Regulatory Policy

Bernie’s Not-So-Subtle Single-Payer Plot

Budget Committee Chairman Sen. Bernie Sanders during a Senate Budget Committee’s hearing to examine President Biden’s proposed budget request for fiscal year 2022, June 8, 2021. (Shawn Thew/Pool via Reuters)
The Democrats’ spending proposal would dramatically expand the number of Americans on government health insurance.

Senator Bernie Sanders (I.,Vt.), America’s most prominent proponent of government-run health care, is once again leading the charge to move our country to a single-payer system.

As chairman of the Senate Budget Committee, Sanders is pushing a $3.5 trillion budget plan that includes expansions of Medicare, Medicaid, and Obamacare. Some moderate Democrats have balked at the cost. But Sanders predicted Sunday that Democrats would “come together” to pass the massive package via reconciliation later this year.

The health-care reforms in the budget would funnel millions more Americans into public health coverage and put our nation a stone’s throw from Senator Sanders’s longtime goal: a government takeover of the health-care system.

Consider the Democrats’ proposed changes to Obamacare. As a part of its March coronavirus-relief package, Congress made federal subsidies for exchange plans more generous and opened them up to all enrollees for two years. Previously, only people making less than 400 percent of the poverty line — about $106,000 for a family of four — were eligible. Now, no enrollee has to pay more than 8.5 percent of their income in premiums.

The Congressional Budget Office estimates that this two-year expansion will cost taxpayers roughly $34 billion.

Now Democrats want to extend them indefinitely as part of the budget-reconciliation package at an estimated cost of $200 billion a year.

Making that change permanent would likely drive more Americans to the exchanges. Thanks in part to the more generous subsidies, the number of Americans enrolled in Obamacare plans has reached a record high of 12.2 million.

It’d be shocking if paying people to sign up didn’t result in more Americans selecting these plans.

Unfortunately, those plans tend to be of low quality. More than 70 percent of Obamacare plans have narrow provider networks, according to an analysis from health-care consultancy Avalere.

Democrats also want to make more older adults dependent on government for health care by reducing the eligibility age for Medicare from 65 to 60. That could add 20 million people to the program and cost up to $100 billion every year, according to a recent Harvard analysis.

This age group is least in need of a federal handout. More than 90 percent of those between 60 and 65 already have insurance. One recent analysis found that the low-income Americans the reform is intended to help could actually pay more under Medicare than they currently do, given that many qualify for subsidized plans under Obamacare.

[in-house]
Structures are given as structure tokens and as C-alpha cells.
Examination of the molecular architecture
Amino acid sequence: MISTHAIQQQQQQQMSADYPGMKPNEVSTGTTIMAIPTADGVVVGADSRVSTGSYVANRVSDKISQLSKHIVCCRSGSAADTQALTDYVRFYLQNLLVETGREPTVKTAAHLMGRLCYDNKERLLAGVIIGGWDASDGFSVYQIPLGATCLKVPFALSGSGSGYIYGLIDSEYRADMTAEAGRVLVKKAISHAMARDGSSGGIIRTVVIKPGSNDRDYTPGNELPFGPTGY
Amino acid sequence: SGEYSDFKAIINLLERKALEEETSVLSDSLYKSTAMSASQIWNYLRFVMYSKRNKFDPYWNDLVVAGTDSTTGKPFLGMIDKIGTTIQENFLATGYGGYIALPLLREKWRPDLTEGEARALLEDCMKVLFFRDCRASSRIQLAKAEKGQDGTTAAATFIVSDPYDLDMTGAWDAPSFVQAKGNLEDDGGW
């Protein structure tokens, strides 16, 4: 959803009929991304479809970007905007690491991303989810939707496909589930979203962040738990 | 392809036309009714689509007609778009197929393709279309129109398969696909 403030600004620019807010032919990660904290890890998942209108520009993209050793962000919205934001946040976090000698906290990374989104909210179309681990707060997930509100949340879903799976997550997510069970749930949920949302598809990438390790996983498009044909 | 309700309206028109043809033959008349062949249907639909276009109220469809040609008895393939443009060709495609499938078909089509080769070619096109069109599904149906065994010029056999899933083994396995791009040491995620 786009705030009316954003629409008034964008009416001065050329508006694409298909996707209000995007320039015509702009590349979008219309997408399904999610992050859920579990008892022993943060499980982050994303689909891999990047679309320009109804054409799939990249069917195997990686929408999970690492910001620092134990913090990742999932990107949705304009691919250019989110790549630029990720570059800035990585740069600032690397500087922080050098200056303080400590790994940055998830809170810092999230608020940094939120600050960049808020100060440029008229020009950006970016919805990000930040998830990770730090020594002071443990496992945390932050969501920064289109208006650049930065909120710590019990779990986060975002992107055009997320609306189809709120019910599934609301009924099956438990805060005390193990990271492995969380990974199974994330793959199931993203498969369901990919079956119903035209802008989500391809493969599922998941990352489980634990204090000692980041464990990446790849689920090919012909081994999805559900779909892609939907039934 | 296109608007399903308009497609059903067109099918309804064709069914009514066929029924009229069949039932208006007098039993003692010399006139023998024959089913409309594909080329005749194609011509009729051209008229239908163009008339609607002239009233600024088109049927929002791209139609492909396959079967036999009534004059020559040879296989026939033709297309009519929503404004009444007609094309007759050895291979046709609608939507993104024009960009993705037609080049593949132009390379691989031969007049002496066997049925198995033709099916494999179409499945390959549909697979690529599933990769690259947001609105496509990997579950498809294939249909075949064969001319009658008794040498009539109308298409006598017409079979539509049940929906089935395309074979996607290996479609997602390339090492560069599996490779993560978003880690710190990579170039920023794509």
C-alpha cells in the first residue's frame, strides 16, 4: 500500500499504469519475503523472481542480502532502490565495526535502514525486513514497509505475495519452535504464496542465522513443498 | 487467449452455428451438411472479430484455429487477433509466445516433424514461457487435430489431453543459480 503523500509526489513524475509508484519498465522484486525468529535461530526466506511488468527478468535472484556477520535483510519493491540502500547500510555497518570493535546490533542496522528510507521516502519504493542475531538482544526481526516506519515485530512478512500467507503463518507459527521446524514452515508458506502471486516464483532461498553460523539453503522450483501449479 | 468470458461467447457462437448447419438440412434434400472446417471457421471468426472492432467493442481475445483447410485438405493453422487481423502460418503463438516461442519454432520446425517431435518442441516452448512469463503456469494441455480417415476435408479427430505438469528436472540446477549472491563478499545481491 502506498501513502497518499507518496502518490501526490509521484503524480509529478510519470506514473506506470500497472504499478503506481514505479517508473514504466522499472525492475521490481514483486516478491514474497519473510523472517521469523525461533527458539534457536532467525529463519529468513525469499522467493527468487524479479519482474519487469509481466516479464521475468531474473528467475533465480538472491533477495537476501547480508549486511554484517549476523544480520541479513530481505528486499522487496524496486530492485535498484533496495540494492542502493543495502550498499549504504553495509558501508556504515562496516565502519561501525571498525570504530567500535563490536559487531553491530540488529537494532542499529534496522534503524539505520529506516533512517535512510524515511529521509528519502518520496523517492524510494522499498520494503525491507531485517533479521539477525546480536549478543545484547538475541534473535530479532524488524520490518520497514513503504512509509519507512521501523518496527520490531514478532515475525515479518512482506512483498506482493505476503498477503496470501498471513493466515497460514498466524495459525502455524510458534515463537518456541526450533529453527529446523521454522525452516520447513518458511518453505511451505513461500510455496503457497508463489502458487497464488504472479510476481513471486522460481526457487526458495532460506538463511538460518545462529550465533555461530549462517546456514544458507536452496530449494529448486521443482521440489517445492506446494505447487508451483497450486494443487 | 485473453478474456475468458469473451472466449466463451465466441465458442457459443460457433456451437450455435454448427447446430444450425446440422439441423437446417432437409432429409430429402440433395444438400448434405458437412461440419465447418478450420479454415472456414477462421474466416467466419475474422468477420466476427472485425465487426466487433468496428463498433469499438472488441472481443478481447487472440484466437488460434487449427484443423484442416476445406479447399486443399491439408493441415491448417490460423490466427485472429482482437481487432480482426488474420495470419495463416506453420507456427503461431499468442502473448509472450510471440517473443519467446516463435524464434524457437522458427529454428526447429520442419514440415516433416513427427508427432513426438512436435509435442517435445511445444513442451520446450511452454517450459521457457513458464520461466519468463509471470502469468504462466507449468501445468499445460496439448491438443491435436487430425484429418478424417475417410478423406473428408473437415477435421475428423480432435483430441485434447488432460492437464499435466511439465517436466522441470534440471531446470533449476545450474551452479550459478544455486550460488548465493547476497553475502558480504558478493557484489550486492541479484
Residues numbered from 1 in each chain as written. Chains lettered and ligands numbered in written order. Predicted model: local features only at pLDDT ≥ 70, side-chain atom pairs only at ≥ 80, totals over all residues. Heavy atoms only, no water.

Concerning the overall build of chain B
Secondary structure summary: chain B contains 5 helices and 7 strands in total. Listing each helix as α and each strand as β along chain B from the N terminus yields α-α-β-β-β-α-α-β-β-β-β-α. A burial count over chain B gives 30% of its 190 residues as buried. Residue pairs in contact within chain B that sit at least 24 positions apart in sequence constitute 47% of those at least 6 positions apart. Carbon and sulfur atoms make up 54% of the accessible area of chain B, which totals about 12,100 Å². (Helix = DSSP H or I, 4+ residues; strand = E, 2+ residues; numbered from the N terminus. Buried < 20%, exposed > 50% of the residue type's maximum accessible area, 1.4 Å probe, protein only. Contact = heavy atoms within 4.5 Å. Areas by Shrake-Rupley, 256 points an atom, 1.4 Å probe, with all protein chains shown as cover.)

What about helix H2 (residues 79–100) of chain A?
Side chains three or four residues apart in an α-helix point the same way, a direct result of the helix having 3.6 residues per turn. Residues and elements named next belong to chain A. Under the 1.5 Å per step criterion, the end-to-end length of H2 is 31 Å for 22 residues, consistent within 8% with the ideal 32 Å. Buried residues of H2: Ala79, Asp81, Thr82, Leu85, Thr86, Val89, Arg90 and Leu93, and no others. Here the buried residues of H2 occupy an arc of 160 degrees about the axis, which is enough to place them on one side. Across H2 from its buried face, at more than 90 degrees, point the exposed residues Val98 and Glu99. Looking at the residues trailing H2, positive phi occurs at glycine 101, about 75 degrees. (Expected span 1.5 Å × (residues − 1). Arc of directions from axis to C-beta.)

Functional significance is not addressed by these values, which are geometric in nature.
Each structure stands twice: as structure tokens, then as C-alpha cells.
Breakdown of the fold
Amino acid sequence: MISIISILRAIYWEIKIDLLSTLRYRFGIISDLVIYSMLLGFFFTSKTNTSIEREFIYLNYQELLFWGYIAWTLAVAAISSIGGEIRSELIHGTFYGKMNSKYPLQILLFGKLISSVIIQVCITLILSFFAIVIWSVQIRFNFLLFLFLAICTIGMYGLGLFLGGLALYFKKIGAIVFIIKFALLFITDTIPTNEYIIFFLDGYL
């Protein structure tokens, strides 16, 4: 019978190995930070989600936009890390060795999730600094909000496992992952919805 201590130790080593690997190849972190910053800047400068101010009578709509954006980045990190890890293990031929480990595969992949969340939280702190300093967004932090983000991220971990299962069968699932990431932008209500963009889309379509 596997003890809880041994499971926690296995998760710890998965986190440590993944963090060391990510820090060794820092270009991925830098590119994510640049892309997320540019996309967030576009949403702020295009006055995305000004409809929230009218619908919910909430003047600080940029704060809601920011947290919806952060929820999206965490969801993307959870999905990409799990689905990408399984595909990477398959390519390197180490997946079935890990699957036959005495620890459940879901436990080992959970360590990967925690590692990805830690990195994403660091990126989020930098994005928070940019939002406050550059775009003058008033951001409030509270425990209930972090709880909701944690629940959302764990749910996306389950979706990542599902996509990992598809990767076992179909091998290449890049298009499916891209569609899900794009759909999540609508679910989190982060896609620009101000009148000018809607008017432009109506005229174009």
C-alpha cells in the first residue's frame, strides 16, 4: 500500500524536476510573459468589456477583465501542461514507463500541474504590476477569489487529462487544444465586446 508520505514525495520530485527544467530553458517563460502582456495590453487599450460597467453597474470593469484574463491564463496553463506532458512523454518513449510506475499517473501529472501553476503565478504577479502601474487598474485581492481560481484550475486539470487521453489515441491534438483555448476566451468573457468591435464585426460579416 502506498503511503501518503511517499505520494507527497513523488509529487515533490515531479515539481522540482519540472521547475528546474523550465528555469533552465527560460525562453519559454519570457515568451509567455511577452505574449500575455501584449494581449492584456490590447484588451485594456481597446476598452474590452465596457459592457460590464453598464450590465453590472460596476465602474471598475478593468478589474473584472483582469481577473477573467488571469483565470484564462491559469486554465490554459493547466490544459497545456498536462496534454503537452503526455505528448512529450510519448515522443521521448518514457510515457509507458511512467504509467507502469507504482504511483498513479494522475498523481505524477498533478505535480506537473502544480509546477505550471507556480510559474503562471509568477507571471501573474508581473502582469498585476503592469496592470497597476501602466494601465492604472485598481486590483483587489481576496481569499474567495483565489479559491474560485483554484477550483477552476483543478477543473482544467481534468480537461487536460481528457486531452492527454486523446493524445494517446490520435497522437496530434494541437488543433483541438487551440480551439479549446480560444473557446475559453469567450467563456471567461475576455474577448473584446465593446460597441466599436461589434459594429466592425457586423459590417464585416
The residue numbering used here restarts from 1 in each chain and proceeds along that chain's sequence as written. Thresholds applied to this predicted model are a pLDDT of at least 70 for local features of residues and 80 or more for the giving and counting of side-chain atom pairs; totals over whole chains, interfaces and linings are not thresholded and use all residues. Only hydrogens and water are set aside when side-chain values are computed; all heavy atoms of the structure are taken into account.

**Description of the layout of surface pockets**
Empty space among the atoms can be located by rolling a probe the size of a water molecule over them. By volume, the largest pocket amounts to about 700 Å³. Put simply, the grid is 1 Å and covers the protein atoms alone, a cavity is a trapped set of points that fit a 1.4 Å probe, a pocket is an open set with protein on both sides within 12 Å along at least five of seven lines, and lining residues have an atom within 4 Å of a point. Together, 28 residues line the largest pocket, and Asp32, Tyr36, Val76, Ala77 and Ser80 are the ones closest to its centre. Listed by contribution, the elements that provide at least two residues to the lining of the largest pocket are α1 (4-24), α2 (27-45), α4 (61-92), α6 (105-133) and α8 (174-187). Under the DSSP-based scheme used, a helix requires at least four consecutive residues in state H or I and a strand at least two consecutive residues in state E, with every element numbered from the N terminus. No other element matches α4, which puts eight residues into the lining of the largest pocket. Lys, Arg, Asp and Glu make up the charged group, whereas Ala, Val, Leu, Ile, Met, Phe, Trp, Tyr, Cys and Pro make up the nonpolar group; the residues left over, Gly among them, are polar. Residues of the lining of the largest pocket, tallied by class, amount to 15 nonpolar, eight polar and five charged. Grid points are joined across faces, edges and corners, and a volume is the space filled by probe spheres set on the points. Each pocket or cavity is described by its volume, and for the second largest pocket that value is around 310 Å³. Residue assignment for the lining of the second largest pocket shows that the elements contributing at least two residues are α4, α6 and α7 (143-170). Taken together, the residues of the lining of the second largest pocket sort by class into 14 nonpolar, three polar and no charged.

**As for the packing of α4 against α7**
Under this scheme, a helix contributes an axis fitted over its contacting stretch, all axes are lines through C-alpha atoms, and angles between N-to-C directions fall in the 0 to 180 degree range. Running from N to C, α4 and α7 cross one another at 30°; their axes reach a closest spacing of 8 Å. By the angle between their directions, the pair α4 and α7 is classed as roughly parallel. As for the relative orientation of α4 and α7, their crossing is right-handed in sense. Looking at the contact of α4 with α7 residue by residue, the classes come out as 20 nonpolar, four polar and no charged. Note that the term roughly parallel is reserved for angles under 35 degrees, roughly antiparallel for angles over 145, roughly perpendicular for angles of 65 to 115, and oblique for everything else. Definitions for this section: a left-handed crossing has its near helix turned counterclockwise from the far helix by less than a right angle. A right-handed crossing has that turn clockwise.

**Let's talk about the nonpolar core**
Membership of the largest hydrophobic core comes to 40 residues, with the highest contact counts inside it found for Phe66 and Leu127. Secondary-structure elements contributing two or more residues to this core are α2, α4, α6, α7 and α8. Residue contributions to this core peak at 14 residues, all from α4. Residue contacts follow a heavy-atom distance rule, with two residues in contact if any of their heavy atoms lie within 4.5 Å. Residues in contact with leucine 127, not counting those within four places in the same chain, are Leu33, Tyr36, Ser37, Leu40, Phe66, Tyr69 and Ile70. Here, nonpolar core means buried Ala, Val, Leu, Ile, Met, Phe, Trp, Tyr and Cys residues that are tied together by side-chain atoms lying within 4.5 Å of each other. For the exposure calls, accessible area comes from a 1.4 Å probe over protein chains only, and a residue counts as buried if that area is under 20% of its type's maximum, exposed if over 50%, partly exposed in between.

In addition, the budget-reconciliation package aims to expand public coverage for low-income Americans. Already, about 75 million people get coverage through Medicaid. Democrats want to create a federally funded, Medicaid-like “public option” plan for the 4.4 million people who would be eligible for the program under the terms of Obamacare but live in one of the twelve states that have declined to expand their programs.

Combined with enrollees in the Children’s Health Insurance Program, that could increase Medicaid’s total enrollment to over 87 million. That’s more than one quarter of the entire U.S. population.

Add up all those covered by expanded versions of Medicare and Medicaid, federally subsidized exchange plans, and health plans for the military and federal employees, and suddenly we’re not far from a health-care system in which the government is the dominant provider of coverage.

To understand the problems that such a system would create, look no further than my native Canada, where the government has a monopoly on paying for all essential care. In 2020, the median wait time to receive treatment from a specialist after referral by a general practitioner was more than 22 weeks.

These long wait times can have fatal consequences. Over 10,000 Canadian patients died while waiting for procedures and specialty treatment between 2019 and 2020, according to data from the Saskatchewan-based think tank SecondStreet.org.

The story is similar in the United Kingdom’s government-run National Health Service. Some 5.6 million Brits are currently waiting for treatment — a record.

Shifting ever more Americans into publicly funded health plans, as the Democrats’ reconciliation package would, is a step toward single-payer health care. That should be deeply concerning to all of us.

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